If you’ve read anything about cars, the chances are that you’ll have come across the words ‘power’ and ‘torque’. But if you’ve seen journalists ranting about the torque of a 4×4’s diesel engine and wondered what on earth they’re on about, then read on…
So what is torque?
Bear with us, because this is quite complicated.
Forgetting cars for a second, a physicist would describe torque as a twist. If you use a wrench to undo a nut (as in a nut and bolt, not a walnut), you’re applying torque. You’re twisting the nut to undo it.
But if you break it down even further, what you’re effectively doing is applying force to a point some distance from the nut. That’s why torque is measured in terms of ‘force x distance’ – Newton-metres (Nm), for example, or pounds-feet (lb-ft). So if you apply 10 newtons of force to a point one metre from the nut, the torque on the nut will be 10 newton-metres (10Nm).
In a car’s engine, though, the twisting force is applied to the crankshaft. The piston is connected to a hinge that’s a certain distance from the centre of the crankshaft, and as the piston moves up and down, it pushes the crankshaft around. Multiply the force of the piston by the distance of the hinge from the crankshaft, and you’ve got torque.
What is power, then?
According to physicists, power is the rate at which work is done. In automotive terms, that’s how quickly an engine can apply its torque.
A simple one-cylinder engine with 10Nm of torque would apply 10Nm per engine revolution. If it can manage 1,000rpm, it’ll apply those 10Nm of torque 1,000 times per minute (10,000Nm per minute). If, on the other hand, it can do 2,000rpm, it’ll apply 10Nm of torque 2,000 times a minute (20,000Nm per minute), making it more powerful.
Because of the industrial revolution, we measure power in ‘horsepower’, which makes its meaning less obvious. One metric horsepower is the torque needed to lift 75kg one metre in one second using a pulley. Force, speed and distance are all in there, but they needed a unit that resonated in the 1800s. Complaints should be addressed to the Victorians.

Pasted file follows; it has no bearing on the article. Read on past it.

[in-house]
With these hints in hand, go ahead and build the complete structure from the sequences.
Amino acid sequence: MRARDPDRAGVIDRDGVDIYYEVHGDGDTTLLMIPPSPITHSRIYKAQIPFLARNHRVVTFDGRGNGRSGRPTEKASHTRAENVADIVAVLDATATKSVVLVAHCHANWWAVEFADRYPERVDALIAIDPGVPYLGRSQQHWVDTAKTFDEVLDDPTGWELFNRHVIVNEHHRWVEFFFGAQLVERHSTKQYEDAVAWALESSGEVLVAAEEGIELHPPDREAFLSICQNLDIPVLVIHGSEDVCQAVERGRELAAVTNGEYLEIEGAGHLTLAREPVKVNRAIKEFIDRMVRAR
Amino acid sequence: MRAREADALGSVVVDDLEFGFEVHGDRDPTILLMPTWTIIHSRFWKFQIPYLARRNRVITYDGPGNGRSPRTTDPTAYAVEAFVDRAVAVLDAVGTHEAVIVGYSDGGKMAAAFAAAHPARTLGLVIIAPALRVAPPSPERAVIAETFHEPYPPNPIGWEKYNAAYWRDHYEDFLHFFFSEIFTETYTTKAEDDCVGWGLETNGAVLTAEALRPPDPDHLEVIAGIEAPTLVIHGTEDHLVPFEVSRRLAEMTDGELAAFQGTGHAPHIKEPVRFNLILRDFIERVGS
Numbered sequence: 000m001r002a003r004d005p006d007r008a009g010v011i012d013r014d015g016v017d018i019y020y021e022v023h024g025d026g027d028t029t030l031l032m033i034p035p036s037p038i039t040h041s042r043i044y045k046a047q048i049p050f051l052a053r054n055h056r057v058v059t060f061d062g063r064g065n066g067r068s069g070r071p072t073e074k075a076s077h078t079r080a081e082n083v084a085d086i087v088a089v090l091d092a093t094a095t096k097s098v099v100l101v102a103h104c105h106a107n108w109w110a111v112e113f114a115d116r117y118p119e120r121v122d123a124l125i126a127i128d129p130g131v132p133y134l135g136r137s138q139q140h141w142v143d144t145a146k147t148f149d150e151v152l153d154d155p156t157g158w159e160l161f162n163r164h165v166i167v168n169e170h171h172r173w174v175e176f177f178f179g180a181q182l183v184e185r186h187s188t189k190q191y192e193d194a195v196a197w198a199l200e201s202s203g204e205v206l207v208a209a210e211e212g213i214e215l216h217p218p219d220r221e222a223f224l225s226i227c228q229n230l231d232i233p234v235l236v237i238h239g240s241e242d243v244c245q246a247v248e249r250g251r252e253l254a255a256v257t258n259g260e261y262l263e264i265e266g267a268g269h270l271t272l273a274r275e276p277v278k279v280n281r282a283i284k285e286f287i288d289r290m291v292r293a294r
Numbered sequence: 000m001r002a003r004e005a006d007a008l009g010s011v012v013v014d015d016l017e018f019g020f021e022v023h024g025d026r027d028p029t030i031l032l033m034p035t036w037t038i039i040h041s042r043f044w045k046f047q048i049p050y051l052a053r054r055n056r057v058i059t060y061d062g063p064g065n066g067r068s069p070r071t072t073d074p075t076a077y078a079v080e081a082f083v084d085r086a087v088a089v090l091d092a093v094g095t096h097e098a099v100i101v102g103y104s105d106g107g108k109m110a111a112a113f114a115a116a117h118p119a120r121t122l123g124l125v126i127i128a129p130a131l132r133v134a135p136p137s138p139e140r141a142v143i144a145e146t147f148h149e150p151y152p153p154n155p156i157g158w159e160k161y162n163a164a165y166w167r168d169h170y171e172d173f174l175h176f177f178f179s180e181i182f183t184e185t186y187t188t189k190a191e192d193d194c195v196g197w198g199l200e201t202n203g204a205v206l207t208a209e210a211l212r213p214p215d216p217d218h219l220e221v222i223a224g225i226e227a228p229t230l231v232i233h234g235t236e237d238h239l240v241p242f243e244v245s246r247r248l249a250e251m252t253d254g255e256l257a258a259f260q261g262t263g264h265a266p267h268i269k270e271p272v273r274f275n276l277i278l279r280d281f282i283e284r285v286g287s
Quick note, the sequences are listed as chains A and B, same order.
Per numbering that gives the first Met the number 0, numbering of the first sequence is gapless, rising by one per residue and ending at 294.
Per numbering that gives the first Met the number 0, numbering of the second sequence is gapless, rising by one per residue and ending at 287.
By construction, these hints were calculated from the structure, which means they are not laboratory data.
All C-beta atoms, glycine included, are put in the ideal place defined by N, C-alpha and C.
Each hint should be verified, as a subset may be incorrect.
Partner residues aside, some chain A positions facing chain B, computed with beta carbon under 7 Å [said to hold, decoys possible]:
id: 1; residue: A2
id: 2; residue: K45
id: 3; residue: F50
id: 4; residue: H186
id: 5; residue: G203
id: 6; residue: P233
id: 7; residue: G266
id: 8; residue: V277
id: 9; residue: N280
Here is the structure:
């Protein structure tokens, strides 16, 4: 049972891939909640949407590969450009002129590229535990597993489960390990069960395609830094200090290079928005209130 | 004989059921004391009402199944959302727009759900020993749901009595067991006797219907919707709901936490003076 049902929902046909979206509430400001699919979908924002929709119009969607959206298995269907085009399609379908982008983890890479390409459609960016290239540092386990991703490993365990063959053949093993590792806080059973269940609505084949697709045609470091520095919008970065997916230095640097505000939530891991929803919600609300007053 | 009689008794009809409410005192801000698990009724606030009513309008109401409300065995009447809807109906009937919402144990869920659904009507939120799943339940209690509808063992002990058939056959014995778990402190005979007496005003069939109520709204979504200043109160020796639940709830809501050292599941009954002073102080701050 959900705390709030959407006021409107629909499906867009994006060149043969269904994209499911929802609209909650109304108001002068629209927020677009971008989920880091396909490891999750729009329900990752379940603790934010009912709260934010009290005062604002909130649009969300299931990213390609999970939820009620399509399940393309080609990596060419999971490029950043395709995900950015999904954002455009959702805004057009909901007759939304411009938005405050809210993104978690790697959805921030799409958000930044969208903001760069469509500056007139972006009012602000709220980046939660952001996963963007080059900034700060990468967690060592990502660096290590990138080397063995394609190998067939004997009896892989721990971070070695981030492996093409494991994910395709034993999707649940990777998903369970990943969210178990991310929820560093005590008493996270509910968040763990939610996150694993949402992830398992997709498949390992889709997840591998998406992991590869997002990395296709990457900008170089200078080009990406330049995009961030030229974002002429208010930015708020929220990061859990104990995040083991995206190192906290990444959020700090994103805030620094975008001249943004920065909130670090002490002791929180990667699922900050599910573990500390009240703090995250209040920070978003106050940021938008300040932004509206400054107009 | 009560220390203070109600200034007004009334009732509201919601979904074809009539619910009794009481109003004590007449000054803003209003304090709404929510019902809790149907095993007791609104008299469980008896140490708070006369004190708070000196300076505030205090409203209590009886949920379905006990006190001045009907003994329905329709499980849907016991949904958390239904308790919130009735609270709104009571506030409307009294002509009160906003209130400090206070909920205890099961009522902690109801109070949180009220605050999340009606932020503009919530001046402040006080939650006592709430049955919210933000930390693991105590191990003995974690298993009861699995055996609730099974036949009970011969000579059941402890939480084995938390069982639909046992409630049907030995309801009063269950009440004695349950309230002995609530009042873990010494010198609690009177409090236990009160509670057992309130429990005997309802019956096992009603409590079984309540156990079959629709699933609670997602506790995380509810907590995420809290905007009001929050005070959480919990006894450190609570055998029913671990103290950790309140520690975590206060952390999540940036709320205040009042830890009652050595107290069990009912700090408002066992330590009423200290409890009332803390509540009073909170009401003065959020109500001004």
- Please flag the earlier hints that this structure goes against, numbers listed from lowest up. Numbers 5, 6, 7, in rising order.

Right… I get the science, but why does this matter to a driver?
Although torque and power are closely related, they feel slightly different on the road. In simple terms, and assuming all other things are equal, torque is what gets you moving at lower engine speeds, whereas power gets you up to speed when you put your foot down.
Which is more important?
That depends what you want, really. In a 4×4 that needs to get out of sticky, cloying mud, but doesn’t need to go very quickly, then torque is ideal. Alternatively, power would be more important to a sports car that needs a high top speed.
Which engines have the best performance?
Generally speaking, diesel engines will have more torque than petrol engines of the same size, while petrol engines will have more power than their diesel rivals. Because of the properties of the two fuels, petrol engines are capable of more engine revolutions than diesels, while diesels can apply the piston’s force further from the centre of the crankshaft.
That’s why big, heavy 4x4s tend to have diesel engines, while supercars use petrol. It’s also why, during everyday use, people often think diesels are faster than petrols. It isn’t necessarily true, but a petrol will have to work harder (i.e. spin faster) to provide the same performance as an otherwise identical diesel.
For the best acceleration, though, you’ll probably need an electric motor. Whereas maximum torque in a diesel engine is usually around 1,500-2,000rpm, an electric motor provides maximum torque at all times. That’s why the Jaguar I-Pace and Tesla Model S accelerate so quickly.